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Being an entrepreneur takes guts

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Kathleen Galligan/Detroit Free Press/AP/File

(Read caption) In this July file photo, Dwayne Durant and Joshua Smith hold a lemonade and popcorn sale in Detroit as Smith's mother, father, and brother look on. Many of the qualities it takes to be a great entrepreneur are developed from early experiences.

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Not everyone is prepared to be a successful entrepreneur.

In the new book Heart, Smarts, Guts and Luck, two successful venture capitalists and a management consultant surveyed a large number of successful entrepreneurs to uncover what traits they have in common.  One of the traits — guts — particularly hit home with my experience as an entrepreneur and as a teacher of entrepreneurs.

The authors argue, and I agree, that guts is not a trait that you are either born with or not.  Having the guts to be an entrepreneur is something that can be nurtured and developed.  They identify three key elements to developing and nurturing guts in entrepreneurs.

Eighty percent of the successful entrepreneurs in this study said that their entrepreneurial guts were developed through experiences early in their lives.

I can cite several experiences from working in our family businesses that helped to toughen my skin.  One in particular stands out.  When I was in grade school my father partnered in a cleaning products distributorship.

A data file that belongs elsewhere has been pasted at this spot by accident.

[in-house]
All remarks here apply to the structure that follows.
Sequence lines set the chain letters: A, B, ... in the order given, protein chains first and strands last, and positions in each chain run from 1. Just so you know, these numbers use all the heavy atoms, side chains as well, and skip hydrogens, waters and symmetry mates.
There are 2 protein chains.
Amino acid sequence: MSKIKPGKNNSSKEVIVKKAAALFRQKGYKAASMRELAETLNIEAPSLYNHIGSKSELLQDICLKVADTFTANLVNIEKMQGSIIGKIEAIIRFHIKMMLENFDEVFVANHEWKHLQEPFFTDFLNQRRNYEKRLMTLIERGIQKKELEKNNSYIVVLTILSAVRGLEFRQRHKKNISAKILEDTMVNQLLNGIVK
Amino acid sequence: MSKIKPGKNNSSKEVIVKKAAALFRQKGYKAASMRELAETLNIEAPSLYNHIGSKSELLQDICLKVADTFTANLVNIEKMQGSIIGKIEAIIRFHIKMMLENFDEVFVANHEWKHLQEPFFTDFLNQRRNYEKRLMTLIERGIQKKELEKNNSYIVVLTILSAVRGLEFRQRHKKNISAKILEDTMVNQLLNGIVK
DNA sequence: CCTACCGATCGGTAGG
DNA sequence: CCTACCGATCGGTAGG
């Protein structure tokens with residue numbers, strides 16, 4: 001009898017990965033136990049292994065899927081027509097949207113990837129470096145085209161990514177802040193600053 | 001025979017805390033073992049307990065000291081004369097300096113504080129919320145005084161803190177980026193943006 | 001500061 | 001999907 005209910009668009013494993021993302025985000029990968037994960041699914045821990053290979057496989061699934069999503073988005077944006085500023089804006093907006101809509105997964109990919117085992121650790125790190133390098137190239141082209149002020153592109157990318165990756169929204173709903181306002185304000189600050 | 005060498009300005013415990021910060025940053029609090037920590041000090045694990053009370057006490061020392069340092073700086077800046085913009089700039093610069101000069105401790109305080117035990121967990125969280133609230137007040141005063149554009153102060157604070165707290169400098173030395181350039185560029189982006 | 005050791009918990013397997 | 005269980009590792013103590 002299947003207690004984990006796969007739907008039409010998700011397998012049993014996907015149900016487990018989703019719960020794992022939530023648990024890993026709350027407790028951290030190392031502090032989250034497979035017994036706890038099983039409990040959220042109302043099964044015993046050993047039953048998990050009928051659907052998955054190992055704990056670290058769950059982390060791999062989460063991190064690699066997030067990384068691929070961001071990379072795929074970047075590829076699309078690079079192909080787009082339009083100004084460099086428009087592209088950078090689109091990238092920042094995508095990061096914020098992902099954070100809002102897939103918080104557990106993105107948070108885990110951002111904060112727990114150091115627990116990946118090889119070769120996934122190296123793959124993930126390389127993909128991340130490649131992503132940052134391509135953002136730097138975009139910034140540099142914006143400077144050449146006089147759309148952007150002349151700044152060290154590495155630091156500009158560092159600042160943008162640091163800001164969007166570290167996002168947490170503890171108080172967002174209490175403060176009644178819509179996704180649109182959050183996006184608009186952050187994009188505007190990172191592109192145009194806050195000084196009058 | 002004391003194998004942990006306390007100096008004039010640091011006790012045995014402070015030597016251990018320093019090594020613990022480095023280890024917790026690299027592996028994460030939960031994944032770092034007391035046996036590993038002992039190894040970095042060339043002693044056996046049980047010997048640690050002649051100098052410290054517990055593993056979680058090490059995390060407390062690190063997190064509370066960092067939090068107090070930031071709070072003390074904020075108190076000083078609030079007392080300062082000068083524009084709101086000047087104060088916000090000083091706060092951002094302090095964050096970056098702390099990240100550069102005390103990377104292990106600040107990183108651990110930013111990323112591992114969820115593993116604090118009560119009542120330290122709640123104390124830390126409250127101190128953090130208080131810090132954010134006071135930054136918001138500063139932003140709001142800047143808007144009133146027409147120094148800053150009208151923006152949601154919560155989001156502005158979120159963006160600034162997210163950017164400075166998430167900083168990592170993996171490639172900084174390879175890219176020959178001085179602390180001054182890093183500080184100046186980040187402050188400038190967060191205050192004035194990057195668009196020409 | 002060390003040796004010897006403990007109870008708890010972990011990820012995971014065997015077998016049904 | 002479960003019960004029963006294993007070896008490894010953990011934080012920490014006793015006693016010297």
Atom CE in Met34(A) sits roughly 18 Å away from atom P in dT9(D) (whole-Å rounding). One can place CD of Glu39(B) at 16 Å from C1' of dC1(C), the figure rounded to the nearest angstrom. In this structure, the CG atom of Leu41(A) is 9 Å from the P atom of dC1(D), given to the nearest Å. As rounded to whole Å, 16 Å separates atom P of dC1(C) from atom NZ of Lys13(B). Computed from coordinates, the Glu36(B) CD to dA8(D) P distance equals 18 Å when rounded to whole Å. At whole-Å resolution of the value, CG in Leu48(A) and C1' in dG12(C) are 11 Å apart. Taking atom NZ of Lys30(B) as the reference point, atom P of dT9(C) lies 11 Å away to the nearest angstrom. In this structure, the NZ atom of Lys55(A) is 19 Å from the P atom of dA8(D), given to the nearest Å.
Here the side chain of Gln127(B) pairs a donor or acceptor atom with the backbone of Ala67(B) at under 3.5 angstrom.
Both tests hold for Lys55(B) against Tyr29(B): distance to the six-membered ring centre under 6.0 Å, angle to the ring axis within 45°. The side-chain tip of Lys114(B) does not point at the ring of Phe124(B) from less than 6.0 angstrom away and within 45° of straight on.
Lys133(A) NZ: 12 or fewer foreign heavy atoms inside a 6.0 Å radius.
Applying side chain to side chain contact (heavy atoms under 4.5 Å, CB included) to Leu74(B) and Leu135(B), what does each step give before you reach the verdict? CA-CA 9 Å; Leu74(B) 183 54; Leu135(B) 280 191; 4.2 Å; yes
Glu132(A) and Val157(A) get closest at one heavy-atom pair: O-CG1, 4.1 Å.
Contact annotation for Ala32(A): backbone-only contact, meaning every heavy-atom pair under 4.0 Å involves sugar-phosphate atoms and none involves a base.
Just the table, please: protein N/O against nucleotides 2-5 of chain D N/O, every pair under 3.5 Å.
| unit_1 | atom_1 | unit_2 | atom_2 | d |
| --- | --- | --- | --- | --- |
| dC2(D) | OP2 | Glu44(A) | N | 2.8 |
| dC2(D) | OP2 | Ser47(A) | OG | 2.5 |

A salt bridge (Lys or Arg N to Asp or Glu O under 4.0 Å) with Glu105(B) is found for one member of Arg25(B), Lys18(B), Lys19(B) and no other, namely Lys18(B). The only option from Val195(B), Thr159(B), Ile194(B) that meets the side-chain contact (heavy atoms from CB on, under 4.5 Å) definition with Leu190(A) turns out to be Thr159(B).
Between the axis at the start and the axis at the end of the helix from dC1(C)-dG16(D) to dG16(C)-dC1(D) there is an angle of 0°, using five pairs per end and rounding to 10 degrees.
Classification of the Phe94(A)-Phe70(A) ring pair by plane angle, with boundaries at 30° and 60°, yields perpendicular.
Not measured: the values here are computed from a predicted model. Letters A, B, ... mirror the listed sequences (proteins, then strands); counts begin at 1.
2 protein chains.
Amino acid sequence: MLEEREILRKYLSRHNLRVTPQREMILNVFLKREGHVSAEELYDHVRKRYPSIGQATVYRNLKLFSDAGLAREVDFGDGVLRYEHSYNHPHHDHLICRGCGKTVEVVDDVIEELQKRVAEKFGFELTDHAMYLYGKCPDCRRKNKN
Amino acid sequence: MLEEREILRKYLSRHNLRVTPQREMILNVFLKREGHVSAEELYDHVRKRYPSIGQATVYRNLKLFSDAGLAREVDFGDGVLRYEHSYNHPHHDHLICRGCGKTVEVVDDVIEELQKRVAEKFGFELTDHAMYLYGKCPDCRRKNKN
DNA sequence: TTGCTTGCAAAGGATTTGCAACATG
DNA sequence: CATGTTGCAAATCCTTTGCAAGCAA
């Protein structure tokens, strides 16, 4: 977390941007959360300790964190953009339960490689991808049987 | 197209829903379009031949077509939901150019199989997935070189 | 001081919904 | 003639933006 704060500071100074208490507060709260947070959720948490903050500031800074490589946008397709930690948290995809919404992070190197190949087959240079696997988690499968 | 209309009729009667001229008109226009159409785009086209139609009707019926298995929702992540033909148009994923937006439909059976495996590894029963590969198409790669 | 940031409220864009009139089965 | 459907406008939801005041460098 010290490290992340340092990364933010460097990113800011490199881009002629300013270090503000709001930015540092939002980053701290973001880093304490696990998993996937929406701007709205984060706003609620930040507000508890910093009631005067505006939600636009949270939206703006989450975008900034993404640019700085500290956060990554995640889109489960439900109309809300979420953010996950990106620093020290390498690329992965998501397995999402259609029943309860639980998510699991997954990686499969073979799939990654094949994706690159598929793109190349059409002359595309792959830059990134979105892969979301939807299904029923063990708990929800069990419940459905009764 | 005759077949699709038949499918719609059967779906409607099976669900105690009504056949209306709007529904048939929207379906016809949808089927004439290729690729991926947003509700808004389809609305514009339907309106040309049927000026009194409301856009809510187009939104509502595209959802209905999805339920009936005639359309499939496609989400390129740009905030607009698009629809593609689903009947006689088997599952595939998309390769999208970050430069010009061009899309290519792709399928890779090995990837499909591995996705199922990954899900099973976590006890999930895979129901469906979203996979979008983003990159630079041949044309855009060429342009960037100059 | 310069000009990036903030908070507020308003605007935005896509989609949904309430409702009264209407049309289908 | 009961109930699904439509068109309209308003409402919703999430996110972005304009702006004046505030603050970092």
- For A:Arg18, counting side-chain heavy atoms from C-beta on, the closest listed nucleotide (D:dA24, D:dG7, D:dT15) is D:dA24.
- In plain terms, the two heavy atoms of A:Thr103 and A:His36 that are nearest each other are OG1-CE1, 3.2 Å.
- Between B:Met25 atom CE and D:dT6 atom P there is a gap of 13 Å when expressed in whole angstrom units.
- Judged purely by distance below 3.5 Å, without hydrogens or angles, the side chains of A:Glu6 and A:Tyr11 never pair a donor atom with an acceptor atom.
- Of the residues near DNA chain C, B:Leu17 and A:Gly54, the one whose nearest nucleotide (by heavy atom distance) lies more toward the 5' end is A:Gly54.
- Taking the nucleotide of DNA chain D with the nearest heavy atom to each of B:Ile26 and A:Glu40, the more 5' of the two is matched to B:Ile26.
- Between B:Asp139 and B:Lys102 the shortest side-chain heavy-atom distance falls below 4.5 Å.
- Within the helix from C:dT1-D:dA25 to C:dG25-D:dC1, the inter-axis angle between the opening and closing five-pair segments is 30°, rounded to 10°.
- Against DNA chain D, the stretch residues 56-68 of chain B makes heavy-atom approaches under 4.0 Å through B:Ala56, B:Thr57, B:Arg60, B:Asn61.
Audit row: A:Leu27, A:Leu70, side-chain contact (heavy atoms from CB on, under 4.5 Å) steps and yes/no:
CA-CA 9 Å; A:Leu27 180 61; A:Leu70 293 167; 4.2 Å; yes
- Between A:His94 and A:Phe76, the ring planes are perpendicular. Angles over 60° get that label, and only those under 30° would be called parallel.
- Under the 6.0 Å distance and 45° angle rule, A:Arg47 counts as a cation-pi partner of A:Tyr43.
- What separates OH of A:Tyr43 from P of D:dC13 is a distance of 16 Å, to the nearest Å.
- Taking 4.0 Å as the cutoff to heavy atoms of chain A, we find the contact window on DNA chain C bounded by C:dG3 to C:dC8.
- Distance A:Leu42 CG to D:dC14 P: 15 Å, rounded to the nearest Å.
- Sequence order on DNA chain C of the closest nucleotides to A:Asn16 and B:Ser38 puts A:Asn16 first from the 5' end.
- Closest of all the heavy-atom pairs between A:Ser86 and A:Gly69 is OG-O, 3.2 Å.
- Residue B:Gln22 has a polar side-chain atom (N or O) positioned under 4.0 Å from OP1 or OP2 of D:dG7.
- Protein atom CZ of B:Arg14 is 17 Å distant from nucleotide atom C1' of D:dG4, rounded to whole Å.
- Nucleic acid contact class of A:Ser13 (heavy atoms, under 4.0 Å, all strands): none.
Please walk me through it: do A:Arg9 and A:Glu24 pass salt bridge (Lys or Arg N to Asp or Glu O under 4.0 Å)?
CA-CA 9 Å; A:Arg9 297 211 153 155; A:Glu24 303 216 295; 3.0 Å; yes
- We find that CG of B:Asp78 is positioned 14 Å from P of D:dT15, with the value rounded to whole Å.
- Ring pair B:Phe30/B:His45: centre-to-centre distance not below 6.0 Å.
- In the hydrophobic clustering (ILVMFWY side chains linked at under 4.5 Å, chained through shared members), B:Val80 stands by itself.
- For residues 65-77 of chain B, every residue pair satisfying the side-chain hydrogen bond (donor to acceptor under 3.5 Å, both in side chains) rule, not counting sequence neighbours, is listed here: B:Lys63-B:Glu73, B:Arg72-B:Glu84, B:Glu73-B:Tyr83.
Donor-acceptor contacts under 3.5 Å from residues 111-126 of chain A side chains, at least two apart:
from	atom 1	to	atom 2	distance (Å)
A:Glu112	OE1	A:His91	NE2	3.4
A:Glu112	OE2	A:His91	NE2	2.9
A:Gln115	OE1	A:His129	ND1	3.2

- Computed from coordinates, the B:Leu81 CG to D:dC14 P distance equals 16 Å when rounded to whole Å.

Although I was only eleven, I was eager to become a part of this new venture.  So I decided to sell the product door to door.  My first sales call was to our next door neighbor, who was a good friend of our family.

Rather than pat me on the head and buy some product to be nice, she looked me in the eyes and said, “Tell me why I should spend our hard earned money on this stuff?”

I did not make the sale.  I was left speechless and devastated.  It was a hard lesson that I have carried with me the rest of my life.  Nobody owes you anything in business – it is up to you to earn it.

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The second key element for developing guts is training and education that prepares entrepreneurs how to make decisions in complex situations.  We urge every student who comes into our program to start a business while they are in school because this kind of training is so important.  It helps them to gain experience, confidence and learn from their mistakes in a safe environment.  However, I am not one who thinks we should require every student to start a business as many schools are moving toward.  I think that making starting a business an assignment misses a key aspect of developing true entrepreneurial guts – the courage to make the choice and cross the threshold to start a venture.

The final element of developing and nurturing guts is becoming part of a community of entrepreneurs.  By joining an ecosystem of fellow entrepreneurs you gain peer support, wise counsel, and a group who can hold you accountable.  We need to have our entrepreneurial guts reinforced, nurtured, and checked throughout our career.